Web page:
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Blog: Inspiration
by Hillary Patin

How to Get the Most Out of Simple Reports

Simple Reports can help you understand where your money is going, and how to curb spending. Here’s how.
How to Get the Most out of Simple Reports | Simple

Do you know exactly how much money you earned in the last year? Or if you spend more money in the summer than in the winter? Your Simple account does—you just have to know where to look.

With automatic push notifications for each transaction, auto categorization of transactions, and filterable graphs, viewing our financial selves in our natural habitat has never been easier thanks to Reports.

Whether you want to create a budget, or see where you can cut spending, Reports give you a detailed look into where your money comes from, where it’s going, and how often it’s going out. Sounds scary, right? Some people don’t want to know if they’re spending money in silly or embarrassing ways. But don’t be afraid – finding out exactly where your money is going can help you be more mindful about spending in the future.

Get familiarized with Reports

To view Reports, you’ll need to log into Simple on the web (unfortunately, Reports is not supported on mobile, yet!). The “Reports” button is the dotted graph line to the right of the on-page search bar.

Once you’re in Reports, you’ll see a graph that shows three things: what you’ve earned (in green), what you’ve spent (in red), and your ending balance (the blue dotted line) over time. Below the graph, you’ll see a breakdown of the categories included in the graph as well as the description of the transactions from largest to smallest. To the right, you’ll see how much you earned minus how much you spent, leaving you with your total for that time period. There’s even a map that shows you where you’ve bought things!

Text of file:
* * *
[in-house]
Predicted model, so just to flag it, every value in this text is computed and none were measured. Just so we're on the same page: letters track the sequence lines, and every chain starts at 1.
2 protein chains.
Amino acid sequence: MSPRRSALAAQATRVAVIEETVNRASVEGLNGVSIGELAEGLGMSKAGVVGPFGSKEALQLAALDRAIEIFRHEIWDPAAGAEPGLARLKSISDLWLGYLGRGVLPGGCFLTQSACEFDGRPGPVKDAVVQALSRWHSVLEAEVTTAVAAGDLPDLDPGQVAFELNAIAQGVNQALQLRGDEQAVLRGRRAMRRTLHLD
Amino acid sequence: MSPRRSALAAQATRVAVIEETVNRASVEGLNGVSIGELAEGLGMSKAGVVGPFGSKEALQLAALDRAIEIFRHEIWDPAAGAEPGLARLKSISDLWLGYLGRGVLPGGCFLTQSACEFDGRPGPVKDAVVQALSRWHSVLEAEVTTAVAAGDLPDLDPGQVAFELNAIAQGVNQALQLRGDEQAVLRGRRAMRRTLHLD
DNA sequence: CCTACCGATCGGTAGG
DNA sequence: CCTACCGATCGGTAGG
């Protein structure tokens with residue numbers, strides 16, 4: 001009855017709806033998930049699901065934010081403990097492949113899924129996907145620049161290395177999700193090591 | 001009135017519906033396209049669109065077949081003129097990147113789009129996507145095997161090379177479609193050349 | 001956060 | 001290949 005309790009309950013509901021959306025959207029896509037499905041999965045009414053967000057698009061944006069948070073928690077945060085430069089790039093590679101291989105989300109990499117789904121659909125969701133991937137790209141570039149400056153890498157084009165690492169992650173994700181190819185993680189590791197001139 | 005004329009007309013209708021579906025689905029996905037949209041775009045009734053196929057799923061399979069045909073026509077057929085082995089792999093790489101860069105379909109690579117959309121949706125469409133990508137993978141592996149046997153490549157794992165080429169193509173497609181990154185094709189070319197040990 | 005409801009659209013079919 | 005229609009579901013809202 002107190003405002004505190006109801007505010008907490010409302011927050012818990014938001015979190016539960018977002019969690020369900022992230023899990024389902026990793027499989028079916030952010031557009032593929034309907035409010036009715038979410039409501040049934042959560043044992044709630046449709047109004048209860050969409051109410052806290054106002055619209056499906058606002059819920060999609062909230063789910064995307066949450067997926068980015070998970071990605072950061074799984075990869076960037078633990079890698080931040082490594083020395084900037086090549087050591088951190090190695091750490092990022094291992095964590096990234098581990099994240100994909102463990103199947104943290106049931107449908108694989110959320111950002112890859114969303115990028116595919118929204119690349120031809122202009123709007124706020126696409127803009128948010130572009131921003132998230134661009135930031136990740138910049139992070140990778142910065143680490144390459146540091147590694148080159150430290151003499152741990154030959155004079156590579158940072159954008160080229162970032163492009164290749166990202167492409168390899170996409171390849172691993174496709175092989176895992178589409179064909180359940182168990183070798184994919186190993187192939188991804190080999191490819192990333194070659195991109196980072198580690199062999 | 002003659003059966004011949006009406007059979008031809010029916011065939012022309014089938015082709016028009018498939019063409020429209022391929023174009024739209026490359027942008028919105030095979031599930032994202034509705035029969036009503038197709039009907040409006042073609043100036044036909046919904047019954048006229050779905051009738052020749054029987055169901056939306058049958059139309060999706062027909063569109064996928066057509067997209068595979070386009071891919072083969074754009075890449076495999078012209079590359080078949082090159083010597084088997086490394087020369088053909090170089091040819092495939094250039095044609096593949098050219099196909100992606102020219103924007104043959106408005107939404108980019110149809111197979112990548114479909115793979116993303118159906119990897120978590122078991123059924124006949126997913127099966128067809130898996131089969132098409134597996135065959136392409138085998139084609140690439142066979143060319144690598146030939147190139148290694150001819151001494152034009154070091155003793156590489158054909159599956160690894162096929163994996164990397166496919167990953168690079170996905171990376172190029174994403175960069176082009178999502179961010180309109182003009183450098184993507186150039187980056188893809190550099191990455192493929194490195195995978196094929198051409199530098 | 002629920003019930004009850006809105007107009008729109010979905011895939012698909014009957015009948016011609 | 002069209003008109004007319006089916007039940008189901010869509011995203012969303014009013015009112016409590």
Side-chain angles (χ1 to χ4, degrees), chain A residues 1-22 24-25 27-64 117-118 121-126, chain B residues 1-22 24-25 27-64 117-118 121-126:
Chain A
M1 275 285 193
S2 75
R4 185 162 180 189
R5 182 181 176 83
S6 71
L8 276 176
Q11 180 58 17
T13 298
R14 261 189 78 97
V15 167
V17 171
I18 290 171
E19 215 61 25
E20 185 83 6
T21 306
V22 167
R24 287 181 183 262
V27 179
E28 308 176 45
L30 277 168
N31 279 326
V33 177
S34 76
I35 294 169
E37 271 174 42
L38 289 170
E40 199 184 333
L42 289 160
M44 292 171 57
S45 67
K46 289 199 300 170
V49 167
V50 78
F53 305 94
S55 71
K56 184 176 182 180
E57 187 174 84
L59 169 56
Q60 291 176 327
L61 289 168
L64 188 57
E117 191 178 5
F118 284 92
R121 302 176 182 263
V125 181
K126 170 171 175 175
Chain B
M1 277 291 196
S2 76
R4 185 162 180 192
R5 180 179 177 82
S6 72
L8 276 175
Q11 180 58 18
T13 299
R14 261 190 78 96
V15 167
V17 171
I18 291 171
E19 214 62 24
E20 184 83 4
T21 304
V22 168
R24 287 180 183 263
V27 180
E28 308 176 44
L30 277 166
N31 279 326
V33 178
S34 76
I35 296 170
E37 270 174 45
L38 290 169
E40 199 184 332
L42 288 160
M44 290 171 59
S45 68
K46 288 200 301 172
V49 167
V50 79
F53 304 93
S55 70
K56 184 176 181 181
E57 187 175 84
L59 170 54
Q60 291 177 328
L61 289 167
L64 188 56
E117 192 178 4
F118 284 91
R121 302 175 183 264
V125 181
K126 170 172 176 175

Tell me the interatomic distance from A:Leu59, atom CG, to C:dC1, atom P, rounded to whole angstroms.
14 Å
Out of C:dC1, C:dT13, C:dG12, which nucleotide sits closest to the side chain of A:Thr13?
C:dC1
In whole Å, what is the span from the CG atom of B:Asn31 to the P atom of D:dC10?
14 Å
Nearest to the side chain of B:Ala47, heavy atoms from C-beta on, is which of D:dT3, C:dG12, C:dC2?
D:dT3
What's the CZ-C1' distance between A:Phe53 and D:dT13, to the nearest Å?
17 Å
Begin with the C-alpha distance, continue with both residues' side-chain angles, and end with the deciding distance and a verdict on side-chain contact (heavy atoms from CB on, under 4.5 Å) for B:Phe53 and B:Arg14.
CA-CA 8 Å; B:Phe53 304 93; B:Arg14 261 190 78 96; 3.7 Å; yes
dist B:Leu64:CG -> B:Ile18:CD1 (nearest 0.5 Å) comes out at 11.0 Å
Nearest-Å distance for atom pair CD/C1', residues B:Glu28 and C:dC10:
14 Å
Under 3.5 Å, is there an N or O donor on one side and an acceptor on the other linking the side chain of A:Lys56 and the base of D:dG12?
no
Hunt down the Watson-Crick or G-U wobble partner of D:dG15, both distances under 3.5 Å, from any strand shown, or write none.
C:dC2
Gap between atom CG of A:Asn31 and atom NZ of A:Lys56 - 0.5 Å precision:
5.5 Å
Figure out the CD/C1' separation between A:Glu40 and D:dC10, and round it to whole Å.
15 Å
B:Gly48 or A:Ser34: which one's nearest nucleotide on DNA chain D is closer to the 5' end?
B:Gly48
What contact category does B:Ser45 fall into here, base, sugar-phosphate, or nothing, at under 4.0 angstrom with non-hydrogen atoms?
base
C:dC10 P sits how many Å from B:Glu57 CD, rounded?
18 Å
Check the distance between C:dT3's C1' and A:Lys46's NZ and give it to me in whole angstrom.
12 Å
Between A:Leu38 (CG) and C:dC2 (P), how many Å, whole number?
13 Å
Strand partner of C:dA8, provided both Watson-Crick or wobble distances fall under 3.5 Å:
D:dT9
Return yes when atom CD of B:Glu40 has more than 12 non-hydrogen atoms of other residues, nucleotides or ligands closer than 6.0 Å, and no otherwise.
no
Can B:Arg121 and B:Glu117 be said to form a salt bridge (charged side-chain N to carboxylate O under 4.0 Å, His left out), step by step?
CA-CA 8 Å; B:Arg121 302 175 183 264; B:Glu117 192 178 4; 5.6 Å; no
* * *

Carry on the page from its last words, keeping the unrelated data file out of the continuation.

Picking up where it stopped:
How to Get the Most out of Simple Reports

Narrow in and zoom out

Find the answers to your spending and saving questions by changing the time span and the display. The time span changes how many days worth of data is included while the display changes how that data is divided up and presented.

Time span

By default, Reports is set to a time span of 90 days, but you can change that to 180 days, 270 days, 360 days, or all time. Play around with the time span to see your spending and earning journey from the last quarter, the last half year, or an entire year. The graph, categories, descriptions, and total will all change accordingly.

How to Get the Most out of Simple Reports


You can also change the display, which gives the options of total, by day, by week, and by month. If your time span is set to 90 days and you set the display by day, you’ll notice the graph gets very granular, and the calculation to the right shows how much you earned, spent, and saved on average every day for the last 90 days. If you change the display to months, you’ll see that the data is clumped into months instead.

Target practice

Here’s some questions you might be curious about, and how you can use time span and display to answer them: